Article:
A.5.  Call between originating home and terminating home
           network . . . . . . . . . . . . . . . . . . . . . . . . .  16
   Authors' Addresses  . . . . . . . . . . . . . . . . . . . . . . .  17

1.  Introduction

   In a 3rd-Generation Partnership Project (3GPP) network, an end user
   device can be attached (e.g. using a radio access network) to its own
   operator network (home network) [TS.3GPP.24.229], or to another
   operator's network (visited network) [TS.3GPP.24.229].  In the latter
   case the user is referred to as a roaming user.

   3GPP operator networks are often not connected directly to each
   other.  Instead, there might be intermediate networks, referred to as
   3GPP transit networks, between them.  Such transit network act on SIP
   level or on IP level.

   In 3GPP networks, the signalling path between a calling user and a
   called user can be partioned into segments, referred to as traffic
   legs.  Each traffic leg may span networks belonging to different
   operators, and will have its own characteristics that can be
   different from other traffic legs in the same call.  A traffic leg
   might be associated with multiple SIP dialogs, e.g. in case a Back-
   To-Back User Agent (B2BUA) [RFC3261] which modifies the SIP dialog
   identifier is located within the traffic leg.

   The traffic leg information can be used by intermediary entities to
   make policy decisions, related to e.g. media anchoring, signalling
   policy, insertion of media functions (e.g. transcoder) and charging.

   The figure below shows two users (Alice and Bob) and the different
   type of networks that the signaling might traverse.  The signalling
   path can be divided into multiple traffic legs, and the type of
   traffic legs depends on how the signalling is routed.














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   Alice -- ORIG HNW +++++ TRANSIT NW +++++ TERM HNW -- Bob
   Home           +     +                +    +   +    Home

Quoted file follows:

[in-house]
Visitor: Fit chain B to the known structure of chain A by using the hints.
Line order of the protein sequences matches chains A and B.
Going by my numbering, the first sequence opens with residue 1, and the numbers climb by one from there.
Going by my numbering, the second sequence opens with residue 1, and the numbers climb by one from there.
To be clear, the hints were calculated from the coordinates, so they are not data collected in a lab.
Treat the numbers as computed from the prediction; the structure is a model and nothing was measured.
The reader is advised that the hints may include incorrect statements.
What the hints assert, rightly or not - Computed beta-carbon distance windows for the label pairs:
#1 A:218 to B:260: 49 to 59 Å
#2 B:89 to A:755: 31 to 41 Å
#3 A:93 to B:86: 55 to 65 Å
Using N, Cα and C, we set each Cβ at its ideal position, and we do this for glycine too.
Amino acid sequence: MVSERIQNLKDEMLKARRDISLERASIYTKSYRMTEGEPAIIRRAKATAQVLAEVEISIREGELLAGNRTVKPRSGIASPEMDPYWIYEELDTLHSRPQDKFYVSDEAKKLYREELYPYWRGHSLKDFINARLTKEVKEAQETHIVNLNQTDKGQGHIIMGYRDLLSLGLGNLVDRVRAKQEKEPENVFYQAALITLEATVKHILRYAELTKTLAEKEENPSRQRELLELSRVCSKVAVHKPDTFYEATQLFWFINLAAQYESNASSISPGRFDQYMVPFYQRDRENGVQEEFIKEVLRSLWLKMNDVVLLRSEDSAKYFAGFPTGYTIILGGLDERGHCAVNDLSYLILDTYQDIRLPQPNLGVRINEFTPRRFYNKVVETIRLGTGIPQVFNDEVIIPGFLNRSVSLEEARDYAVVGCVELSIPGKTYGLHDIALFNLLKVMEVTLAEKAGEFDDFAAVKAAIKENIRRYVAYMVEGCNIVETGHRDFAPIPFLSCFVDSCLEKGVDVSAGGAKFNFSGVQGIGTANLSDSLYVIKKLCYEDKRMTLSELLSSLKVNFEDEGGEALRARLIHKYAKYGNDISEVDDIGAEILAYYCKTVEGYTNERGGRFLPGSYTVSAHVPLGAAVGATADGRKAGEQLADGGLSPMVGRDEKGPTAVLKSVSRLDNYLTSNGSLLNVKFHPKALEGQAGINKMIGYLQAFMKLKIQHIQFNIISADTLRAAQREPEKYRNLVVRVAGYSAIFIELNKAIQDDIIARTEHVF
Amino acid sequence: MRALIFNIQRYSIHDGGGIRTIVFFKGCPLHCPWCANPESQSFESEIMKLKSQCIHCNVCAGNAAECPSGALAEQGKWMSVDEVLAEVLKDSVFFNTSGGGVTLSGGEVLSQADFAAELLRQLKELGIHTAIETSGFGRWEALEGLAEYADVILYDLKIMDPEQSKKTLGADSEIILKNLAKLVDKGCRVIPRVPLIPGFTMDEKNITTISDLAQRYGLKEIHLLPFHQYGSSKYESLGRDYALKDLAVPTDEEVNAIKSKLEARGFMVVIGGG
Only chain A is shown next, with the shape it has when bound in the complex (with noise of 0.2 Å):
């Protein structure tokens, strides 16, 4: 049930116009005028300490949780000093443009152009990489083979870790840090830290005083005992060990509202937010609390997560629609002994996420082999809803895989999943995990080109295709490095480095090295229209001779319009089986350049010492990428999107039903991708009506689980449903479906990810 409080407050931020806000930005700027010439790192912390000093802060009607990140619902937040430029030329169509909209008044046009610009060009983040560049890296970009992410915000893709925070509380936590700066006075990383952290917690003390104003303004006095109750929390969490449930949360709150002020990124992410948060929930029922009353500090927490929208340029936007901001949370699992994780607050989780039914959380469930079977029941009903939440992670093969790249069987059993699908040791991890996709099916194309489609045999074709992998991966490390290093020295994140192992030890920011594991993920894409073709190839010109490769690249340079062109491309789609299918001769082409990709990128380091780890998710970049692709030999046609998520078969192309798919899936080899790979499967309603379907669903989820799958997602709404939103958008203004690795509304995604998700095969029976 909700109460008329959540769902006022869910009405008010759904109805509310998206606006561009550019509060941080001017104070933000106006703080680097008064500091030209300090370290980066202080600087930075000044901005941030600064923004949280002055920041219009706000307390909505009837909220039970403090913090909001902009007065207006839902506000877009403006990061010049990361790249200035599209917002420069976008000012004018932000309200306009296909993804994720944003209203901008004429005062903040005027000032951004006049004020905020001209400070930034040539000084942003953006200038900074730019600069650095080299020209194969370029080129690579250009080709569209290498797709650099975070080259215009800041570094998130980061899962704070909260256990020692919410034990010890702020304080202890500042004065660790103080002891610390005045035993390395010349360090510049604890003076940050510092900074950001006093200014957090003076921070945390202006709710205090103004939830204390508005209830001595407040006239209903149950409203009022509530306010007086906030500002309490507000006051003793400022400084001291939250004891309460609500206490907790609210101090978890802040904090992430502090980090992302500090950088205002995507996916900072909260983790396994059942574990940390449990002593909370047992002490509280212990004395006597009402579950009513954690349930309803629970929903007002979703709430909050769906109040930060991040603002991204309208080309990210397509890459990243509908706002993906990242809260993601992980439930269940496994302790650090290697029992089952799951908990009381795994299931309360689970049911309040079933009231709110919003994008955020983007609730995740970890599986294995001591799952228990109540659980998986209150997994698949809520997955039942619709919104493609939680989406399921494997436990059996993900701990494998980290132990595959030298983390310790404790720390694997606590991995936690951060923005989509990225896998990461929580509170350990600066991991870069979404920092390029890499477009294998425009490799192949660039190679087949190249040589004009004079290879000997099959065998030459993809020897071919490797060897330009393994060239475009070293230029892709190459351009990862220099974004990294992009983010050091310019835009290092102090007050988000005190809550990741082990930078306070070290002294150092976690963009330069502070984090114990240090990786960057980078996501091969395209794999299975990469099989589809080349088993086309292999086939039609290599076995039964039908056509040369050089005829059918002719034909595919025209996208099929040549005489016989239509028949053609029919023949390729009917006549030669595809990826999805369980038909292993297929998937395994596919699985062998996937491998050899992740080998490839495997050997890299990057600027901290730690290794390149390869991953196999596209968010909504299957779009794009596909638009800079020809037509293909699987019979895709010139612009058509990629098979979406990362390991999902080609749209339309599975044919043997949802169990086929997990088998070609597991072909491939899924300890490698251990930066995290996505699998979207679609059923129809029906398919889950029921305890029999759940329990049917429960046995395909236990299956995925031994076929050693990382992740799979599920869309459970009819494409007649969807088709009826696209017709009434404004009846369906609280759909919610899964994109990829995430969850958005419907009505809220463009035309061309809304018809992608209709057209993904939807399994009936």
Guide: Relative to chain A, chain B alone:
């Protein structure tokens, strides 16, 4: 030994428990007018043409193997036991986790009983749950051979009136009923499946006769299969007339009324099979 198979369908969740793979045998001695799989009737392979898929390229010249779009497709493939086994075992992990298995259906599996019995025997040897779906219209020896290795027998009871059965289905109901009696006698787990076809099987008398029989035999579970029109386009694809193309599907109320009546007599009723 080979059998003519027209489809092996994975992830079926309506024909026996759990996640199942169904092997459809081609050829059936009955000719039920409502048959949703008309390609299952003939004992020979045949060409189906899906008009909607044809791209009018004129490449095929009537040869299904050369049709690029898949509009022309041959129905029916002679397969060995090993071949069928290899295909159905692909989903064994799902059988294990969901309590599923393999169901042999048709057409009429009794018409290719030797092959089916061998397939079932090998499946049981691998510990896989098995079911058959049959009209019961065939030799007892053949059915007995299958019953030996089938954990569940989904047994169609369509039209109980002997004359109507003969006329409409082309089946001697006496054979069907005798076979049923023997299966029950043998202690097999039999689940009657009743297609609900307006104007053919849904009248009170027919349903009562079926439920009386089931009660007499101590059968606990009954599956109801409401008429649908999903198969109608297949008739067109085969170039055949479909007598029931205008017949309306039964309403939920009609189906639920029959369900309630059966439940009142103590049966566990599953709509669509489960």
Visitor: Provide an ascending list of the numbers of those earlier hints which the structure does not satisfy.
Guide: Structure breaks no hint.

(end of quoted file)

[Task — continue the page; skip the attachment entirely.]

+     ++++++++++++++++++    +   +
                  +                           +   +
                  +                           +   +
                  +     +++++++++++++++++++++++   +
                  +     +              +          +
   Alice -- ORIG VNW +++++ TRANSIT NW ++    TERM VNW -- Bob
   Visited                                           Visited


               Figure 1: 3GPP operator network roaming roles

   ORIG HNW = Originating 3GPP Home Network

   TERM HNW = Terminating 3GPP Home Network

   ORIG VNW = Originating 3GPP Visited Network

   TERM VNW = Terminating 3GPP Visited Network

   TRANSIT NW = 3GPP Transit Network

   In Figure 1 Alice is a user initiating communication with Bob, and:

   Alice is attached to an originating network, which is either the home
   network of Alice, or a visited network (in case Alice is roaming).
   In both cases any originating service is provided by the home network
   of Alice.

   Bob is attached to a terminating network, which is either the home
   network of Bob, or a visited network (in case Bob is roaming).  In
   both cases any terminating service is provided by the home network of
   Bob.

   A transit network, providing transit functions (e.g. translation of
   free phone numbers), may be included between the originating and
   terminating networks and between visited and home networks.

   This document defines a new SIP URI parameter [RFC3261], 'iotl' (an
   abbreviation of Inter Operator Traffic Leg).  The parameter can be
   used in a SIP URI to indicate that the entity associated with the
   address, or an entity responsible for the host part of the address,
   represents the end of a specific traffic leg (or multiple traffic
   legs).

   This document defines the following 'iotl' parameter values:




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   o  homea-homeb

   o  homeb-visitedb

   o  visiteda-homea

   o  homea-visiteda

   o  visiteda-homeb

   SIP entities that do not support the SIP URI 'iotl' parameter will
   simply ignore it, if received, as defined in [RFC3261].

2.  Applicability

   The SIP URI 'iotl' parameter defined in this document has known uses
   in 3GPP networks.  Usage in other networks is also possible.

3.  Use-cases

3.1.  General

   This section describes examples of different types of traffic legs in
   3GPP networks.

3.2.  Originating roaming call

   In this case, Alice is located in a visited network.  When Alice
   sends the initial SIP INVITE request for a call, one traffic leg
   (referred to as the 'visiteda-homea' traffic leg) represents the
   signalling path between the UA of Alice and the home S-CSCF [3GPP TS
   24.229] of Alice.

3.3.  Terminating roaming call

   In this case, Bob is located in a visited network.  When the home
   S-CSCF of Bob forwards the initial SIP INVITE request for a call
   towards Bob, one traffic leg (referred to as the 'homeb-visitedb'
   traffic leg) represents the signalling path between the home S-CSCF
   of Bob and the UA of Bob.

3.4.  Originating home to terminating home call

   In this case, the home S-CSCF of Alice forwards the initial SIP
   INVITE request towards the home S-CSCF of Bob. The signalling path
   between the S-CSCFs represents one traffic leg (referred to as the
   'homea-homeb' traffic leg).




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4.  Conventions

   The key words "MUST", "MUST NOT", "REQUIRED", "SHALL", "SHALL NOT",
   "SHOULD", "SHOULD NOT", "RECOMMENDED", "MAY", and "OPTIONAL" in this